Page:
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This Week's Critic Reviews


After last week's ups and down, we're back on more even footing this week, although with pretty much everywhere (one exception) being classified as "good BUT"...

Katy McGuinness in The Irish Independent reviews Bread 41, the new bakery and café on Pearse St. With limited food options (but a serious buzz) we weren't expecting a full on newspaper review, so were pleasantly surprised to get the full lowdown on the menu. After a fear-inducing (but necessary) explanation of what exactly your processed, plastic-covered sliced-pan contains, she says that the star of the show was a "flaky, buttery" sausage roll, with a prosciutto and cheese croissant "pretty damn fine also" (we've already heard enough).

Blood pudding spread on a thick slice of toast was the winner from the official lunch offerings, and the porchetta sandwich won out over the veggie option of goat's cheese, beetroot, carrots and horseradish, but she was not a fan of the salad, with "too much grain", "dull vegetables" and "greige" colours. She calls it "a bargain for food of this quality", just stick to the bread and pastries. (Review not currently online but should be soon here)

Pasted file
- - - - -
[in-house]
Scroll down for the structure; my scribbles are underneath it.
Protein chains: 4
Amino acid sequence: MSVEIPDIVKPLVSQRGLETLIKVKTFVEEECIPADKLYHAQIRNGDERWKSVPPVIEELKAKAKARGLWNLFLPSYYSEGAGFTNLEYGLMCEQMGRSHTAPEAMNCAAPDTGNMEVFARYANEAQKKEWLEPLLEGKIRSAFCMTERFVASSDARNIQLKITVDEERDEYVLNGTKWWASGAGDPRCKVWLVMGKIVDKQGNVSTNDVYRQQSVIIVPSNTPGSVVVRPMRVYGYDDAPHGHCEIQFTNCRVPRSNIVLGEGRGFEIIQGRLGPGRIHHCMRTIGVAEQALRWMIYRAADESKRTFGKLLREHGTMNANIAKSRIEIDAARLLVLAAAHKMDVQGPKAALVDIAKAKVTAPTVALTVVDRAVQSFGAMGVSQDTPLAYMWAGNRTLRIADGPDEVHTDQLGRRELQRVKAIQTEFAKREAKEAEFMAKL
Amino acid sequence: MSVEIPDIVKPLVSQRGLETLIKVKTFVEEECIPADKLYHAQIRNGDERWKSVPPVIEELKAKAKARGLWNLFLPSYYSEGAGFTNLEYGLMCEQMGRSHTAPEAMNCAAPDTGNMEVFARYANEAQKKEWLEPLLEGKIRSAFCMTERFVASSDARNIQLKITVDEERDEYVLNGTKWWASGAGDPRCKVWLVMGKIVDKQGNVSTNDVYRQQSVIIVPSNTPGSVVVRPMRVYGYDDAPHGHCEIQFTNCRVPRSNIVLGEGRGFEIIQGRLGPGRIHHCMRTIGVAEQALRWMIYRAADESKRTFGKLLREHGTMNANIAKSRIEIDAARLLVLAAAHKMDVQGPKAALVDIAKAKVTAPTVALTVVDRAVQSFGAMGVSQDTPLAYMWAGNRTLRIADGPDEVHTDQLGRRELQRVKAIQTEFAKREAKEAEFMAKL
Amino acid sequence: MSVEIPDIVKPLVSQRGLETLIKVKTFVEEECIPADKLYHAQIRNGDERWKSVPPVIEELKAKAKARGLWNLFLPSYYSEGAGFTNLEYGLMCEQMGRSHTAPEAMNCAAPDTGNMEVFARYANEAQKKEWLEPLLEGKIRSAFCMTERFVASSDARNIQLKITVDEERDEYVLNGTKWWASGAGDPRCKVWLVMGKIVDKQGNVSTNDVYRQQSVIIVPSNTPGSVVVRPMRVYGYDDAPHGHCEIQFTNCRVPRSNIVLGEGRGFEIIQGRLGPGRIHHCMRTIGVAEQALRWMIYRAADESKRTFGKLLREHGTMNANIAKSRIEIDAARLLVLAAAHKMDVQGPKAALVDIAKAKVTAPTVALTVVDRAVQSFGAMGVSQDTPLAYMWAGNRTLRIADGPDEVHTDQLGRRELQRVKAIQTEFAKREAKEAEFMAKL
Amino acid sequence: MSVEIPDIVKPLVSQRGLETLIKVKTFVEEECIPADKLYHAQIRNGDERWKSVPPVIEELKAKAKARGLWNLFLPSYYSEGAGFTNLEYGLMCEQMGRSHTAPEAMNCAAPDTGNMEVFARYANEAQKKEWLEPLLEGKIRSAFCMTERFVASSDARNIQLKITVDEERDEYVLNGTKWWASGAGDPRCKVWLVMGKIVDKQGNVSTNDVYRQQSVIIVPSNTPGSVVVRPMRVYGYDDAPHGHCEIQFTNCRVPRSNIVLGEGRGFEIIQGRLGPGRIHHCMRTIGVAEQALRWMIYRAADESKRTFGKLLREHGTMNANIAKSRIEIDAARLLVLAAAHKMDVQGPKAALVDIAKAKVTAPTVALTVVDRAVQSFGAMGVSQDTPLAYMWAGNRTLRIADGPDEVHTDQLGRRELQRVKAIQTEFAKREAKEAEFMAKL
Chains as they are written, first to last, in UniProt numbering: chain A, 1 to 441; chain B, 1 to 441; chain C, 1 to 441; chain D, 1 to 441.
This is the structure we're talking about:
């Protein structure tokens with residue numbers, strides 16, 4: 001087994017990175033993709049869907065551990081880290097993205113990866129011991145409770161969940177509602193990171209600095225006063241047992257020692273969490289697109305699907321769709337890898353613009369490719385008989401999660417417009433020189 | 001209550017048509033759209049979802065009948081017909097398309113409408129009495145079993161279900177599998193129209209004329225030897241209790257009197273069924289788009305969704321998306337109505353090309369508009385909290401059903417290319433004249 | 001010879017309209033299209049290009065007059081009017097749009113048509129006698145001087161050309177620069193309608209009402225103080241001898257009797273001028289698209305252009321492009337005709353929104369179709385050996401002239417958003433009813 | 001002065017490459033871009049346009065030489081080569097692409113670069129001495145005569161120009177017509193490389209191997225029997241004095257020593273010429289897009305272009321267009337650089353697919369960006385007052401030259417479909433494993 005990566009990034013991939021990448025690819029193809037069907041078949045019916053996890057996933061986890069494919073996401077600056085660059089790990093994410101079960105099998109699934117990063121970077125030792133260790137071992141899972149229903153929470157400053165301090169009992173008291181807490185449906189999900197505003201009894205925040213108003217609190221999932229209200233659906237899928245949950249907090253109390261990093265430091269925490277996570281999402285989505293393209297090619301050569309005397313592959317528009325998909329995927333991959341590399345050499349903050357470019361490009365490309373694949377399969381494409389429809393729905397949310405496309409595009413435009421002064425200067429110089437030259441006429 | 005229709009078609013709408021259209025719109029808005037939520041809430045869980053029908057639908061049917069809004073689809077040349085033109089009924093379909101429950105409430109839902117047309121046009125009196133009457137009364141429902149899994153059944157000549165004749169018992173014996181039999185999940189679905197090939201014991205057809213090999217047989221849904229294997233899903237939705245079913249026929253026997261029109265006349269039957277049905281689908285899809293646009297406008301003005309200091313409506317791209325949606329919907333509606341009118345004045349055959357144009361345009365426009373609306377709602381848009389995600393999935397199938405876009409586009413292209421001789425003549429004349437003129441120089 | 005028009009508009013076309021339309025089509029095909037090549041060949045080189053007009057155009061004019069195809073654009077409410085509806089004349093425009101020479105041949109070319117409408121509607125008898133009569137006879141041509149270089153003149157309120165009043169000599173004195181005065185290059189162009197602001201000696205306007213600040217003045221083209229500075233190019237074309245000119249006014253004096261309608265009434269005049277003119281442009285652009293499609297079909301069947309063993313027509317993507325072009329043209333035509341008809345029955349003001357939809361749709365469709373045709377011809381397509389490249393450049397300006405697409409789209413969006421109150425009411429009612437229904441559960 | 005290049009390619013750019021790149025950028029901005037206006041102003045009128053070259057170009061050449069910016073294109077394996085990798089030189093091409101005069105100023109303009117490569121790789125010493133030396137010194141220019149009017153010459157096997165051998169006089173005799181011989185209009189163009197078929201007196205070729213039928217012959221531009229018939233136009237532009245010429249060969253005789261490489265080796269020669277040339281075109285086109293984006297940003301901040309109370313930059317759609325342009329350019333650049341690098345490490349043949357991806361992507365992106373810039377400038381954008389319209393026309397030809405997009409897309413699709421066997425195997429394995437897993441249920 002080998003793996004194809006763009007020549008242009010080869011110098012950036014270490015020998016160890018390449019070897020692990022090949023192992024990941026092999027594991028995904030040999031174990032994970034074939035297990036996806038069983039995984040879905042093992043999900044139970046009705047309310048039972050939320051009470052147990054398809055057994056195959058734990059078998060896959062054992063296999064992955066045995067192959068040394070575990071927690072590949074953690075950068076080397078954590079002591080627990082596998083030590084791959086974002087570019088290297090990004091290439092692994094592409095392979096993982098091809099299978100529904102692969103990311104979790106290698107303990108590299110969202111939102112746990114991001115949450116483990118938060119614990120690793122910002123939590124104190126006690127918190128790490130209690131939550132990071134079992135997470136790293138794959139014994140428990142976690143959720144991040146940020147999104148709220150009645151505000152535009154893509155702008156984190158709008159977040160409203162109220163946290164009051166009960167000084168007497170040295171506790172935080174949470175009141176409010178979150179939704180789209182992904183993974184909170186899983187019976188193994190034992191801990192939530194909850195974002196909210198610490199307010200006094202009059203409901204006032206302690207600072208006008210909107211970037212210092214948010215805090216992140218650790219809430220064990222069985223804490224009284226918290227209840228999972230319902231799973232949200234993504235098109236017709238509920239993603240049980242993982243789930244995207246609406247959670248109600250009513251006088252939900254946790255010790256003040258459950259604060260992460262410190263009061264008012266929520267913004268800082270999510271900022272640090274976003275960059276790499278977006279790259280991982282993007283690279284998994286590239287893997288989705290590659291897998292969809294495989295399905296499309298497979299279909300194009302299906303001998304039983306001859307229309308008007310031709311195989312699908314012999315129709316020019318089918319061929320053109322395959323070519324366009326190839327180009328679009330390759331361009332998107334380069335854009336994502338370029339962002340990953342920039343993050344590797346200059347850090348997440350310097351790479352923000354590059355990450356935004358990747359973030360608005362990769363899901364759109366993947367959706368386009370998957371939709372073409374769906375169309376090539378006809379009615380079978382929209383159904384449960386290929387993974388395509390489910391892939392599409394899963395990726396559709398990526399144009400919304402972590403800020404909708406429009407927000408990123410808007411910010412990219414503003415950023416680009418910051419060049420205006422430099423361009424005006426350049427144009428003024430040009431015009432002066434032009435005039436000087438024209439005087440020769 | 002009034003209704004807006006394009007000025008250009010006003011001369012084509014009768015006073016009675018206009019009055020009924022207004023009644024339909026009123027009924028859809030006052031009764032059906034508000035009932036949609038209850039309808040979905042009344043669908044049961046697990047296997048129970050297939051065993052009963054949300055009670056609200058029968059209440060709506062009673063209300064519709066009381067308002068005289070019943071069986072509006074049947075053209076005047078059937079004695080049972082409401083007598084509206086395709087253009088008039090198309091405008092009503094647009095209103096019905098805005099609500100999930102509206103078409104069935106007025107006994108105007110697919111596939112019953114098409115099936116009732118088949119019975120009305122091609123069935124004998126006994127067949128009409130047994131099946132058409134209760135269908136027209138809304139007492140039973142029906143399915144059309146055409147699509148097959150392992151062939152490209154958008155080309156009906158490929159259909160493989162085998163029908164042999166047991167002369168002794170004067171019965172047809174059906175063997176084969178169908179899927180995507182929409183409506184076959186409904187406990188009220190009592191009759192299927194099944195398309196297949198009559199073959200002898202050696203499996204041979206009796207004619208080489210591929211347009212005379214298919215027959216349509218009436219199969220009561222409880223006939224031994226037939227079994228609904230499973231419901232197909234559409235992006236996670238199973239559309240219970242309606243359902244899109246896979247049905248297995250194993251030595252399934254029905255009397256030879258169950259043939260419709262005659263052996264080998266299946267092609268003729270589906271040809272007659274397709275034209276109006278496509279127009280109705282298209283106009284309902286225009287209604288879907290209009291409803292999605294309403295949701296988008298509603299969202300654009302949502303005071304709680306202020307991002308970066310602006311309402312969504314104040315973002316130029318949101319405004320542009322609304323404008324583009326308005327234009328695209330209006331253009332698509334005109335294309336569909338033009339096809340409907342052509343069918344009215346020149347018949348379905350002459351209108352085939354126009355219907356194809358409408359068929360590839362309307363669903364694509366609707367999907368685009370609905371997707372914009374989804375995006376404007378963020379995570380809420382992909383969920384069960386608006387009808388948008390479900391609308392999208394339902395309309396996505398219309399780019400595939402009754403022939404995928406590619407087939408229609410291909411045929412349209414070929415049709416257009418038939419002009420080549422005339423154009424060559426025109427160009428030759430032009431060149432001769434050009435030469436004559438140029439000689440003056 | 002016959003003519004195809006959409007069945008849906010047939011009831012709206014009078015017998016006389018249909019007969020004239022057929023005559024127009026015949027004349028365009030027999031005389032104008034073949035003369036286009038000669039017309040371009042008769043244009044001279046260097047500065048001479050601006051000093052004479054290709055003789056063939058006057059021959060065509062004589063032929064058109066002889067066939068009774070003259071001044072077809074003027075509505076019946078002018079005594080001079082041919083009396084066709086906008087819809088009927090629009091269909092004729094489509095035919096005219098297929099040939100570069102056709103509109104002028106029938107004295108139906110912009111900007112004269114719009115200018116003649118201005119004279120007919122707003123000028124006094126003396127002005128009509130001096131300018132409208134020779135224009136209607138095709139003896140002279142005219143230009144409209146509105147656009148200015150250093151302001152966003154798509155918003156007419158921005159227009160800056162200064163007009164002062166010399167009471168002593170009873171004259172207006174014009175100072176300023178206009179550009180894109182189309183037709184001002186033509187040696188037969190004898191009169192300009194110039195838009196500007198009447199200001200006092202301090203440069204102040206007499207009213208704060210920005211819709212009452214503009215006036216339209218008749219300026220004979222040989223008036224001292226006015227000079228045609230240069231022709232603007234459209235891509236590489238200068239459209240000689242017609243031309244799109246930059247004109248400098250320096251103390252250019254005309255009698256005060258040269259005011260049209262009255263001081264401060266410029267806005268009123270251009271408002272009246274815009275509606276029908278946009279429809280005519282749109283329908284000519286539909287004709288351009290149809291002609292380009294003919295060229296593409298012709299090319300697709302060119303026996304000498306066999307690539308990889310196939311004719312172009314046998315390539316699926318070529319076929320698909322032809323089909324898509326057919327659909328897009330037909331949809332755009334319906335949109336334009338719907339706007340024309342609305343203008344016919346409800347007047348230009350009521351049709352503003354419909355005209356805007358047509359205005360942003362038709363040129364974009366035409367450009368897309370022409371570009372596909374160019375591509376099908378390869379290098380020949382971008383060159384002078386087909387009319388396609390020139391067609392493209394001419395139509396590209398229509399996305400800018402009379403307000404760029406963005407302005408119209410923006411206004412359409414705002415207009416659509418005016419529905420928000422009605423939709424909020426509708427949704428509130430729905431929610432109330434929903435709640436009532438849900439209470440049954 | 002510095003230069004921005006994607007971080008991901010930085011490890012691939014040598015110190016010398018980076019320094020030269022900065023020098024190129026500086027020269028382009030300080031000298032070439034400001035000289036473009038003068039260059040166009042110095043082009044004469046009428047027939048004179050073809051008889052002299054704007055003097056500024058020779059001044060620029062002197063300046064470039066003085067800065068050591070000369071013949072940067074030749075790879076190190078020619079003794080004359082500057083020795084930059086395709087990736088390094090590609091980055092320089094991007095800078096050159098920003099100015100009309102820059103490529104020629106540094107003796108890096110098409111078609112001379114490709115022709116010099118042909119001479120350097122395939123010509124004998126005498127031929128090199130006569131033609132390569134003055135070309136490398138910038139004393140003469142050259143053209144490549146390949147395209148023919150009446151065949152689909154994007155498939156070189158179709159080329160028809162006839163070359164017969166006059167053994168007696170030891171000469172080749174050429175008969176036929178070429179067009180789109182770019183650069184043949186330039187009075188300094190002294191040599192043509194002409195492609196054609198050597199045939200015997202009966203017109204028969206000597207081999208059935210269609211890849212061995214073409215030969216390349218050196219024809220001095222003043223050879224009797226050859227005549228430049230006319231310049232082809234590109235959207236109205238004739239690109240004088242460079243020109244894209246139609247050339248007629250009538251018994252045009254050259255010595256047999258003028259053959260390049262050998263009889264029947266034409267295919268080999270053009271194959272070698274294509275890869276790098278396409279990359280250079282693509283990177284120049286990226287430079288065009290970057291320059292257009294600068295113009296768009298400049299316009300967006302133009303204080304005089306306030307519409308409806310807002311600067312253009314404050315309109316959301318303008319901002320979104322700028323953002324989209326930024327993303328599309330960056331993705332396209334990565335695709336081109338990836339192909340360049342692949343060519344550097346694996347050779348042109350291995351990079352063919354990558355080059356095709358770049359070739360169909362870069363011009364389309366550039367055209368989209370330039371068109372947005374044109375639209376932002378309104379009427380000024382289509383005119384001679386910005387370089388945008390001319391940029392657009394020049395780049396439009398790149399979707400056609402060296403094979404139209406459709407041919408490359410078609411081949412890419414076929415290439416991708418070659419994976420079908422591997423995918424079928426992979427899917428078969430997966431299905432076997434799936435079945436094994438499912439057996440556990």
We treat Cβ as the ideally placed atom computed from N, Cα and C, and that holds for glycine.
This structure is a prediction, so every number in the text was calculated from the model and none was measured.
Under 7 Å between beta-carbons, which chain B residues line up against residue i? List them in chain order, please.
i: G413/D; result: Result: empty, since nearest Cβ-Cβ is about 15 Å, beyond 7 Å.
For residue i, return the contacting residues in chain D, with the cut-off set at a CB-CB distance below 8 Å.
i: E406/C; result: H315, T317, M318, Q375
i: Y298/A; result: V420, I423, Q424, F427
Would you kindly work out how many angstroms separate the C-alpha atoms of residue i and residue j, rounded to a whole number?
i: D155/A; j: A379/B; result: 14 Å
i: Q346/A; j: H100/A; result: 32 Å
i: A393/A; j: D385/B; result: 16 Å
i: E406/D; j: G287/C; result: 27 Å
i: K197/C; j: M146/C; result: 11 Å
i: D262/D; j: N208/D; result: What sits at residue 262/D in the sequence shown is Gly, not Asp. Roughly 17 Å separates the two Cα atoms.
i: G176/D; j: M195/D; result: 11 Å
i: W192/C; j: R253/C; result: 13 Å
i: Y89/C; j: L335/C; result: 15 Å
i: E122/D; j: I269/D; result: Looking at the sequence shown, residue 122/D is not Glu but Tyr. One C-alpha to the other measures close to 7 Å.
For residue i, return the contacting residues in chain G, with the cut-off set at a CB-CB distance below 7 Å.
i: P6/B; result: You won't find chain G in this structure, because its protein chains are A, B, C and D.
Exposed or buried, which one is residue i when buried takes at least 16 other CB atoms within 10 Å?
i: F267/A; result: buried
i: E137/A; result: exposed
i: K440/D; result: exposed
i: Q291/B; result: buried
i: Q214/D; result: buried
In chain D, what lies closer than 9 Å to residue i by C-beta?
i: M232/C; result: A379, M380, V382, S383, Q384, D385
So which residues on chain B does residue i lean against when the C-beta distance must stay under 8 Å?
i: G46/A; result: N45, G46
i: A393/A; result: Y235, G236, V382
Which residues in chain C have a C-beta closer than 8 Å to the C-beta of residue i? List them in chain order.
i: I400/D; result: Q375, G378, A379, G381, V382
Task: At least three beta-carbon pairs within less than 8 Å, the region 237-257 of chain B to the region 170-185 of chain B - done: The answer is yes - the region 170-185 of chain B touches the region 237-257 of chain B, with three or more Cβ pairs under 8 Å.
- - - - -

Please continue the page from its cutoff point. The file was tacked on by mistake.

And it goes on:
In the Irish Daily Mail, Tom Doorley reviews Crow St, the new Irish/American soul food (their words) restaurant in Temple Bar, on the former site of Nick Munier's Avenue. He finds it confused, with "multicultural" tacos containing braised pork shoulder, chipotle aioli and pickled cabbage - not usually found in Mexico - but he liked them. Another starter of smokies, with smoked fish, cheese and cream was "grand" - the most Irish of compliments.

A special of seatrout was perfectly cooked, unlike the underdone, chalky beetroot risotto it came with,

and while buttermilk chicken (above) was "pleasant enough" it was let down by the fact that it was white meat. We're a bit confused by this, as the publicity shot (above) is definitely showing a thigh and a leg. Did they start with dark meat and change to much less flavoursome breast meat due to customer complaints? Strange one. The kimchi it came with was "almost apologetic", but thankfully not the worst he's had, and again we're confused because again in the PR shot it seems to come with red cabbage.

A sticky toffee pudding was "damn good", staff were "utterly delightful" and he says he hopes Crow Street grows up soon. (Review not currently online)

In The Irish Examiner Leslie Williams is throwing his opinion into the ring on new Mexican taqueria Masa (from the guys behind Bunsen). Reviews on this one have been mixed (read ours here), but Leslie liked it. A discount on the bill made up for delays with the food, and there were no complaints about tortilla chips with "proper guacamole", patatas bravas (except for a few burnt edges) and a "properly firmed" quesadilla with mushrooms.